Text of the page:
first off, lets talk about what was, for all intensive purposes, the last chunk of travel in Britain.
OXFORD: A charming town of higher education, dreaming spires, lazily meandering rivers, finely cut cricket pitches and grass tennis courts, a myriad of rowing clubs, and last but not least, plenty of public drunkedness.
We were in the Town of Oxford primarily for Kate's graduation ceremony--she finished her D.Phil two years ago, but never went through the commencements. The ceremony was done almost entirely in latin, and was as chalk full of pomp and circumstance as you might fancy an Oxford graduation ceremony might be.
Aside from the ceremony, we did a ton of visiting with Kate's friends that are still living in the town, and in between visits, there was ample opportunity to visit many of the town's ancient sites and college grounds. The Churches range from a few hundered to several hundred years old, as do the various colleges (there are 39 colleges that make up the university of Oxford). No shortage of famous attendees to Oxford colleges--JRR tolkein, Lewis Carrol, C.S. Lewis, and the list goes on. We also went kayaing and did a bit of punting ( river boating, for you uneducated plebians out there. Scoff, scoff).
All in all, as I said to Kate, if her social calendar during here three years here was anything like the few days we spent, I would have been spent within a month. IT's so damn tiring going to high teas, sitting in the parks in the shade of trees, picnicing with friends... okay, I'll shut up now.
on to TURKEY!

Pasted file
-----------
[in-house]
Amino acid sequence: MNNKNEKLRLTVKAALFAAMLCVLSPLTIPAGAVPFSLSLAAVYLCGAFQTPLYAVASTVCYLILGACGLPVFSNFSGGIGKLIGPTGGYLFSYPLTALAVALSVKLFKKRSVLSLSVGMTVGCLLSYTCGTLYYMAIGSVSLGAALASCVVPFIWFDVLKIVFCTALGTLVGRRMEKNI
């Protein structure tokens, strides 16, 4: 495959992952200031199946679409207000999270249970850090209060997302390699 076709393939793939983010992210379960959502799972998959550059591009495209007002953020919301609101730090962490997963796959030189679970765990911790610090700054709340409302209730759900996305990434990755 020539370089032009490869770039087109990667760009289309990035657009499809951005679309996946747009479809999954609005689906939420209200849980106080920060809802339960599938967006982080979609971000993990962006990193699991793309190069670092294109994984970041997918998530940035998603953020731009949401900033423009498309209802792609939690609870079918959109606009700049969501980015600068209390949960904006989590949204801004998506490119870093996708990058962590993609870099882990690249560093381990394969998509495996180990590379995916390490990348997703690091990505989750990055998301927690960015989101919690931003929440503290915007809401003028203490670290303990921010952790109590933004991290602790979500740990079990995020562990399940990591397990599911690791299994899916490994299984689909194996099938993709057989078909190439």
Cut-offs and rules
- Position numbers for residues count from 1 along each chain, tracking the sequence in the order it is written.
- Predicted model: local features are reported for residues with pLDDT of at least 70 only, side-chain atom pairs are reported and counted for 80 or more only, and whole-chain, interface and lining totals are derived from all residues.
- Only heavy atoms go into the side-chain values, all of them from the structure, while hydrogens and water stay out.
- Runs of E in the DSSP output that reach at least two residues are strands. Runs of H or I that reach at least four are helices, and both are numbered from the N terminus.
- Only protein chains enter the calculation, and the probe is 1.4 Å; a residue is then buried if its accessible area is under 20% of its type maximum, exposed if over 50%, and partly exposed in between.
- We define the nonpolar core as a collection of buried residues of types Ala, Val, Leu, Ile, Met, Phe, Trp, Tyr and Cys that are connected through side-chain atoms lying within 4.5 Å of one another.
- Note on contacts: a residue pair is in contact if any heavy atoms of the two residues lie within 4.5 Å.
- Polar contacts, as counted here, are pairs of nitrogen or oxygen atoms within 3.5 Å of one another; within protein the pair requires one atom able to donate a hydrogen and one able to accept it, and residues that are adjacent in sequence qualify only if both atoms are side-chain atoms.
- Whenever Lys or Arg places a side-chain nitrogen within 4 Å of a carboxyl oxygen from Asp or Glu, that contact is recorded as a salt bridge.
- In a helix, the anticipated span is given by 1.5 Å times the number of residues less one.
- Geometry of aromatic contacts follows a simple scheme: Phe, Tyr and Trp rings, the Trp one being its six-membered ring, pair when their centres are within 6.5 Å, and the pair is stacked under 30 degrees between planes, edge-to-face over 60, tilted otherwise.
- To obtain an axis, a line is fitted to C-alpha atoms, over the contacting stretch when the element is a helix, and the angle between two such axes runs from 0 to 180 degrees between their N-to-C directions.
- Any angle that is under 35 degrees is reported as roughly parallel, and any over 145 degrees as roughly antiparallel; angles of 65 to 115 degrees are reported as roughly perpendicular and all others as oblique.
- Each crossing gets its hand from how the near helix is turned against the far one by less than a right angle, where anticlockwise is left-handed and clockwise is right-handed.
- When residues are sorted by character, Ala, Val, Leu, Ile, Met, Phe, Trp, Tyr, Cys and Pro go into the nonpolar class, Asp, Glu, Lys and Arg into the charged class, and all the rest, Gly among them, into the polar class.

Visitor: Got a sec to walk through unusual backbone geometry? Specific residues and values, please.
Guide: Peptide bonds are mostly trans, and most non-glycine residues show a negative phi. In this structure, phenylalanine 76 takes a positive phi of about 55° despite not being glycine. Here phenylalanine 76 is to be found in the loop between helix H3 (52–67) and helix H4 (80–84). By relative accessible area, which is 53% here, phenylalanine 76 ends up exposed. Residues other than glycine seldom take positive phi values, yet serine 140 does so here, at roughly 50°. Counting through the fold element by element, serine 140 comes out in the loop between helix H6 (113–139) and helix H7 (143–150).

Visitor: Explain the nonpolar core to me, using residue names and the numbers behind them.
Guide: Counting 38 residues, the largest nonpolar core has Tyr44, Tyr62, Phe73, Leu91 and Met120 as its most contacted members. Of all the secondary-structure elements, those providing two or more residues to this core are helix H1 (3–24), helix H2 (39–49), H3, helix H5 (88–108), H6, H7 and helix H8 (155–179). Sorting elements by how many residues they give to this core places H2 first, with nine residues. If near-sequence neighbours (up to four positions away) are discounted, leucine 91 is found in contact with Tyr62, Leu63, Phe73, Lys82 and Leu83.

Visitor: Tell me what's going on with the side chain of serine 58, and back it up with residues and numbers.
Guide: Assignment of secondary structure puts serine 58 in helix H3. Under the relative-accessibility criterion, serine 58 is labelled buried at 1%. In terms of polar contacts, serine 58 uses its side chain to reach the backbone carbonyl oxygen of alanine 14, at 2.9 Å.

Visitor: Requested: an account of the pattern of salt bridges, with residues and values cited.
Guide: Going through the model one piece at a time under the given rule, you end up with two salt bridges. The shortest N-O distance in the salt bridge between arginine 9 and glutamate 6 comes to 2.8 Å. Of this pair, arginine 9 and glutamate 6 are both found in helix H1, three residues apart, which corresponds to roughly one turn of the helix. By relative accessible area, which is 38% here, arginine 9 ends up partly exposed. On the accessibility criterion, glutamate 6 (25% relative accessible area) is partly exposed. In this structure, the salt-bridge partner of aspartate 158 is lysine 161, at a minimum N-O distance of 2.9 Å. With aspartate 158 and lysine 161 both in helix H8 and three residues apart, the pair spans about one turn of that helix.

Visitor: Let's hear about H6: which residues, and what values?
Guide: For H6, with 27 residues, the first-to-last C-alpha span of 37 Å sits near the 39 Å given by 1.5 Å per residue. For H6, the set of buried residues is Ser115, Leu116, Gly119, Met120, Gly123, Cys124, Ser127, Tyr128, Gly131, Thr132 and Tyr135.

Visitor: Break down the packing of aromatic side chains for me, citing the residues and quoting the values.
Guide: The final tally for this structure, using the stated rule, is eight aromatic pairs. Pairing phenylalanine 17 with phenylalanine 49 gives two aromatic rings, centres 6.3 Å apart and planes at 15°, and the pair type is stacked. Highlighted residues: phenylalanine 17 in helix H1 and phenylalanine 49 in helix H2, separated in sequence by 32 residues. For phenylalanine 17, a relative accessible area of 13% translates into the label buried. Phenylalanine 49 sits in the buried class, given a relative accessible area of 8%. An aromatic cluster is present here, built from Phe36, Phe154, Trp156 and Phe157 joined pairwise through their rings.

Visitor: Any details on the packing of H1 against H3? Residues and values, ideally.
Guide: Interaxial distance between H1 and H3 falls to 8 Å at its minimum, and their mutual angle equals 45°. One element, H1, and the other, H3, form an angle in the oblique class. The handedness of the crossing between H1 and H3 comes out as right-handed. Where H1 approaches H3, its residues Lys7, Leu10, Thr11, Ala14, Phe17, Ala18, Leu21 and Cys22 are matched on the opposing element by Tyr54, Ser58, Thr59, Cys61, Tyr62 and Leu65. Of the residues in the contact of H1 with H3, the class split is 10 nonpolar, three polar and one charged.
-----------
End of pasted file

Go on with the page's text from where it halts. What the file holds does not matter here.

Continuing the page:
at 3 am on June 12th, we arose and made the short 20 minute walk to the Oxford bus station, where a shuttle took us to Heathrow Airport, where our flight to Istanbul awaited us.
arriving in Istanbul in the early afternoon, we took a short while to get into the area of Sultanhamet, and our hotel. We're in the heart if the monumental centre here, with the Grand Bazaar, the Ayasophya (eye-ah-so-fee-ah), and the Blue mosque all within spitting distance. the latter two are massive buildings, and as impressive as they are large. The Ayasophya was built in the 6th century, used as a place of worship for the Byzantine Christians. The roman catholics rolled through, trashed everything, and after that, it was used as a mosque. It is now a museum, featuring amazing works of art from both the Christian and Muslim worlds. we tried to spend lots of time in buldings such as this yesterday, because it was... COLD AND RAINING! hello? mediterranean? ummm, you should be hot and dry... as it was, the rain has passed and today is fantastic. But I digress...
The Grand Bazaar! This place makes west edmonton mall look like a strip mall. 4,000 shops, people. that's right, 4,000. Kate and I did some rug shopping in there on our first evening, and I am happy to say that we're the proud owners of two very fine turkish rugs, one from the 1920's, and one from the 1960's. Both Beautiful! the buying experience was a lot of fun, filled with bartering, small talk, and turkish apple tea. The Bazaar is a place where you can buy pretty much anything, or at least have people trying to get you to buy everything. the typical attention grabbers are "Yes! Hello!", "Hello my friend!" to gain some eye contact, but have also included things like "Hey Beeg Man!" or "Hey pretty lady!", and our personal favorite... Hey! You need viagra?!"...
up to speed, we are departing istanbul tonight on a bus destined for Selchuk, where we will visit Ephesus for a day or so. I'm really looking forward to seeing the temple of Artemis, as well as some major Christain Holy sites: the Bascillica of St. John--his burial place--and the House of the Virgin Mary, the residence that Mary lived out the rest of her days following the crucifiction of Jesus.
the bus ride down leaves at 8 pm, and will take 10 hours... supposedly... we'll see!!
that's all for now! cheers!